What do you think? Leave a respectful comment.

Why this economist is ‘giddy’ about Biden’s plans to invest in low income families

One of the major themes from President Joe Biden's first address to a joint session of Congress Wednesday will be plans to substantially expand programs affecting children, families and reducing poverty. Amna Nawaz dives into those proposals and the questions around them with Melissa Kearney, an economist at the University of Maryland, and director of The Aspen Institute Economic Strategy Group.

Read the Full Transcript

  • Judy Woodruff:

    As we have been hearing, one of the major themes from the president tonight will be plans to substantially expand programs affecting children, families and reducing poverty.

    Amna Nawaz dives into that part of Mr. Biden's proposals and the questions around it.

  • Amna Nawaz:

    Judy, if these programs are eventually approved by Congress, the scope could be dramatic.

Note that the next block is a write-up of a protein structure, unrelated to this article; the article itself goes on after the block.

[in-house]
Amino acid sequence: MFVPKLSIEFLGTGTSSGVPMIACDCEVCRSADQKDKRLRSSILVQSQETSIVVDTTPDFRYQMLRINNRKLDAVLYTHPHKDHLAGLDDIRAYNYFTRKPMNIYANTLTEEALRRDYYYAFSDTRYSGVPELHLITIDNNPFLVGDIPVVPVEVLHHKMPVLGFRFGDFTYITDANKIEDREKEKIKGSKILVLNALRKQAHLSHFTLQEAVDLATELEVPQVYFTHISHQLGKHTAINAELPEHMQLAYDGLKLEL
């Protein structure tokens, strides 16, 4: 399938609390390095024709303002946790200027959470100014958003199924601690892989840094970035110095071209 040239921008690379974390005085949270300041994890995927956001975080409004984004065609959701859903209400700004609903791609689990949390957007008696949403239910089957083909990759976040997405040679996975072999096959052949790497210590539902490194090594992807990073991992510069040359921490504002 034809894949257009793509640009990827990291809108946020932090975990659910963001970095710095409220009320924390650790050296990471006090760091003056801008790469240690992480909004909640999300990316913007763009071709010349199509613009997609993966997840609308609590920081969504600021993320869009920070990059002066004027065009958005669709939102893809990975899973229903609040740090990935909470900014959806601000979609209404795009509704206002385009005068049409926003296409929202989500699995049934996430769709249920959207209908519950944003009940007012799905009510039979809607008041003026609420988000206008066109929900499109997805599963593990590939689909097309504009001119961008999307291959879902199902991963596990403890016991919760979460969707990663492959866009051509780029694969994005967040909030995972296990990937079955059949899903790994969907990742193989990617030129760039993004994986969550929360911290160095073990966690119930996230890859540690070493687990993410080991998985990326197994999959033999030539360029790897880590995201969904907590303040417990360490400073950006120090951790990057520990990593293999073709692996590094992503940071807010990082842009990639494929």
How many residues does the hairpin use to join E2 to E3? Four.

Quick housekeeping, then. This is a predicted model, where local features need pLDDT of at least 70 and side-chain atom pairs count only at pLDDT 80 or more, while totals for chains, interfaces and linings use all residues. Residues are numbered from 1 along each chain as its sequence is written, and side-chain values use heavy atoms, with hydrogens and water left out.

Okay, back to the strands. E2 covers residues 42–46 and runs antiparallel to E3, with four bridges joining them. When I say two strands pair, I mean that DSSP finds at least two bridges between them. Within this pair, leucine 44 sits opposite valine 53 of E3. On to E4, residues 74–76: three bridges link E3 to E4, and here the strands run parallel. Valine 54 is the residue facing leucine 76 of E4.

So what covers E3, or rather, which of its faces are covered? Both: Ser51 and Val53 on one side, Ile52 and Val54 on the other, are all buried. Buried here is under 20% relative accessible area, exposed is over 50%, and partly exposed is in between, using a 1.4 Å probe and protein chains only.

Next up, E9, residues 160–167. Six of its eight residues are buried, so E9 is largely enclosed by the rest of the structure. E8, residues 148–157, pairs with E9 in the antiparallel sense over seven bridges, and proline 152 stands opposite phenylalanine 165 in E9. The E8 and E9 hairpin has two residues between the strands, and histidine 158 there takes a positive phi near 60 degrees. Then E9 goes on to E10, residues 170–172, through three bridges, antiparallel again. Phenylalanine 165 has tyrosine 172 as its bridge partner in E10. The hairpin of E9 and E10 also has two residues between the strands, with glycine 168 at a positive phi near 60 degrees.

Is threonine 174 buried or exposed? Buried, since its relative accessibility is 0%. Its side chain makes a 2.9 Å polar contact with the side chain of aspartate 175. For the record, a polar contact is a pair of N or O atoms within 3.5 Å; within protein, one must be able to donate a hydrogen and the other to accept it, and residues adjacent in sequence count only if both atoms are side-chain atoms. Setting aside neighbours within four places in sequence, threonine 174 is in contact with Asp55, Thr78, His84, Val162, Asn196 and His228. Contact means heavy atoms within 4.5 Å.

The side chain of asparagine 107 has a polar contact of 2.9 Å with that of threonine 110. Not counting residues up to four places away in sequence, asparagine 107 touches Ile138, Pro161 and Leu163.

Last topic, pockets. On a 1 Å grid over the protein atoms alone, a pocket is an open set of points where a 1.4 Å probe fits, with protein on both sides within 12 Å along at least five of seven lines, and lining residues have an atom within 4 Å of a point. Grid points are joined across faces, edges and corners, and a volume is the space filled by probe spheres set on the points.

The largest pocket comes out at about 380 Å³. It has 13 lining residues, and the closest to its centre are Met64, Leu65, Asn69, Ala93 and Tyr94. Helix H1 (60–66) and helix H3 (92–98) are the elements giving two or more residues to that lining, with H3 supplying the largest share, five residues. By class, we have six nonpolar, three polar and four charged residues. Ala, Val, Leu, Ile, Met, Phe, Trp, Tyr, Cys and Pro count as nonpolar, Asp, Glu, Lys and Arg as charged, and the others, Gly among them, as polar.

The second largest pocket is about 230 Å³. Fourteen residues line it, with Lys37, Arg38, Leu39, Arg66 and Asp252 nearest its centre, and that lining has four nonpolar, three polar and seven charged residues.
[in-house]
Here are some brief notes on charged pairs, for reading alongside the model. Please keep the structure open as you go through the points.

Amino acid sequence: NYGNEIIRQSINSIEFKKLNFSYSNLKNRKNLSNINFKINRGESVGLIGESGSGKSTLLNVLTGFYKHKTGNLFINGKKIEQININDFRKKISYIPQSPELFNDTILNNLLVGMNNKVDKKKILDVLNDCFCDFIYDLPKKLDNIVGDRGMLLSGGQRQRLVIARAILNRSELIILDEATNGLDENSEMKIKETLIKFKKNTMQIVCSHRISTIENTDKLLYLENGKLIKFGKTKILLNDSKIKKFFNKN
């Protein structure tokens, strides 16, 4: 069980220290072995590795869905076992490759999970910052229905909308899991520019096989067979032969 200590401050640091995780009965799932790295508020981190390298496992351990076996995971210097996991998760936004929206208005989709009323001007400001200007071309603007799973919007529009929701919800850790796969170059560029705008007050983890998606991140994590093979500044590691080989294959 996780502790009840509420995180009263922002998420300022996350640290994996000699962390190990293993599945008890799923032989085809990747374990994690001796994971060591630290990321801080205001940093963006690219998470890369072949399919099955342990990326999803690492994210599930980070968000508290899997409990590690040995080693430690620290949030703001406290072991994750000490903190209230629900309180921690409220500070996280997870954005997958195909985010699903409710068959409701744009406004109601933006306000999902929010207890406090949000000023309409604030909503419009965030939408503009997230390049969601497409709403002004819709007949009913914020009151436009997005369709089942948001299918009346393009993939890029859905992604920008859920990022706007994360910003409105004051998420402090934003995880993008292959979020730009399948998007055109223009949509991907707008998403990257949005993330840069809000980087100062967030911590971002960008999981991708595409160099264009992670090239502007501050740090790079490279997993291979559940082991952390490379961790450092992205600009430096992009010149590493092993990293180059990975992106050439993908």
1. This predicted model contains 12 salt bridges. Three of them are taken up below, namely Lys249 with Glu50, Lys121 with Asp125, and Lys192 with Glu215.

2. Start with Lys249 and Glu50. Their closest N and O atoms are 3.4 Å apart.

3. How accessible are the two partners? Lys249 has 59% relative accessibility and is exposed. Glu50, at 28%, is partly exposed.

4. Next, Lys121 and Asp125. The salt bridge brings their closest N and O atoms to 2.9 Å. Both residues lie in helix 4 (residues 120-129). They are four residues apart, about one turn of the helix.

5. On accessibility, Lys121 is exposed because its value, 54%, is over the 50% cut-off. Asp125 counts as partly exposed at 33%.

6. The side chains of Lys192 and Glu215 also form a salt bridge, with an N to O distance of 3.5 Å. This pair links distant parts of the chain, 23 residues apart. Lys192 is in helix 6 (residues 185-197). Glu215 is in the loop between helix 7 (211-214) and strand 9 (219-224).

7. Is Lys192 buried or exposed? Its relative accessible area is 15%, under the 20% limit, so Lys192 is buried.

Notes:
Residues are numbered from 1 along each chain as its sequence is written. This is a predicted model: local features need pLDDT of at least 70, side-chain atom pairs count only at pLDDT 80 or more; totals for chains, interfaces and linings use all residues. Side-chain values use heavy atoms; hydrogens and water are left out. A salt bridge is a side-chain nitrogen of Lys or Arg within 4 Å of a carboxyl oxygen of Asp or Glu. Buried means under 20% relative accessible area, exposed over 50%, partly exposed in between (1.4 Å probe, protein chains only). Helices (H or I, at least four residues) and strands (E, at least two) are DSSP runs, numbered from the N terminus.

They include new subsidies to cover childcare for lower- and middle-income parents for children five and younger, universal pre-K education, regardless of income, and a permanent expansion of larger child tax credits.

    Melissa Kearney focuses on these issues closely. She's an economist at the University of Maryland and the director of the Aspen Economic Strategy Group.

    Melissa Kearney, welcome to the "NewsHour."

    And let me start by asking you about those child tax credits, talking about a monthly check, up to $300 per child, for all but the richest families in America. The argument often made against these is, it's a short-term fix; it disincentivizes paid employment, so it has a long-term negative impact.

    What does the evidence show on this?

  • Melissa Kearney: